A new way to manipulate embryonic stem cells (ESCs) in mice offers hope for an eventual cell-based therapy to treat muscular dystrophies, suggests a paper online in Nature Medicine.
Muscular dystrophies, such as Duchenne's muscular dystrophy (DMD), are caused by genetic mutations that lead to a loss of expression of dystrophin, a key structural protein of muscle cells, which results in cell dysfunction. When this occurs the cells can no longer regenerate after injury, resulting in progressive muscle weakness and eventual death. One hope for therapy has been to replenish these defective cells with ESCs that produce normal dystrophin. However, this approach has been hampered by an inability to get ESCs to form muscle cells at appreciable levels.
Rita Perlingeiro and colleagues have overcome this hurdle and show functional recovery after injection of ESCs into a mouse model of DMD. The key to their success was to take advantage of the facts that almost all skeletal muscles have a similar embryonic origin and that muscle development depends on the transcription factor Pax3. As ESCs grown in a culture dish are not exposed to the embryonic environmental milieu that induces muscle differentiation, it might be possible to bypass this requirement by directly expressing Pax3, which orchestrates muscle development in the embryo, through genetic manipulations. This manipulation allows a muscle progenitor cell population to arise and in sufficient quantities to then use therapeutically in mice. The team was able to deliver these cells through the circulation, targeting many more muscle locations than by intramuscular injection, resulting in significantly improved muscle function. Finally, the use of the isolated muscle progenitor cells, owing to their partially differentiated state, did not result in tumor formation, which has previously hampered the therapeutic use of ESCs.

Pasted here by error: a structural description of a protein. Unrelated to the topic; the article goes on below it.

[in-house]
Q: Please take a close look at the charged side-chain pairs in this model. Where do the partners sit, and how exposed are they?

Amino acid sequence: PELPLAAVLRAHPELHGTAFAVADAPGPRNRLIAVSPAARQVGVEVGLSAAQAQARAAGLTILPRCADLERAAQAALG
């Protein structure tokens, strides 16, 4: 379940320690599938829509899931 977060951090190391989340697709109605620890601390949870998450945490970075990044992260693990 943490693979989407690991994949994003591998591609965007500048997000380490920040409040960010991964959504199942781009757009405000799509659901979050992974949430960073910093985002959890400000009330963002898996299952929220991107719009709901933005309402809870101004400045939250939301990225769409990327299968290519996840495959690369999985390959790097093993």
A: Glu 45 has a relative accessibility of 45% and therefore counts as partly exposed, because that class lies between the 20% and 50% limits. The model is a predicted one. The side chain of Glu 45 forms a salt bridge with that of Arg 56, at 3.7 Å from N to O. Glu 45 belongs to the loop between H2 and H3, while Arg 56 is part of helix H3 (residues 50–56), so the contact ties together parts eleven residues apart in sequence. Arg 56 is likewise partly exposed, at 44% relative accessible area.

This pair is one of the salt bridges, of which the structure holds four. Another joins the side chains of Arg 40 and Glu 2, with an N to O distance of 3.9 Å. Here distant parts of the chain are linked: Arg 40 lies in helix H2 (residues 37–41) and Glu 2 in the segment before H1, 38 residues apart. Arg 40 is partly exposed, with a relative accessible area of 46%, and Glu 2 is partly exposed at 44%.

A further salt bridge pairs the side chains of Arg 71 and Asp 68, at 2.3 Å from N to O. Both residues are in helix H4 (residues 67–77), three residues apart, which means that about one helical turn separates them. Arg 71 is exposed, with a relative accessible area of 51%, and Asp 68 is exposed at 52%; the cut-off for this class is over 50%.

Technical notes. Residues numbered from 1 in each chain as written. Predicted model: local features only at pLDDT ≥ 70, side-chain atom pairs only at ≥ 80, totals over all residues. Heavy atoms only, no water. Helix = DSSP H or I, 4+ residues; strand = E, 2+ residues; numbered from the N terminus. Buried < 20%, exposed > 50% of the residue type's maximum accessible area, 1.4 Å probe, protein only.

While the genetic manipulation of the ESCs disallows this technique to be used in the clinic at this point, future studies may point to ways of inducing Pax3 expression in human ESCs without the need of genetically modifying the cells.
Rita Perlingeiro (Department of Developmental Biology, University of Texas Southwestern, TX, USA)
Abstract available online.
(C) Nature Medicine press release.
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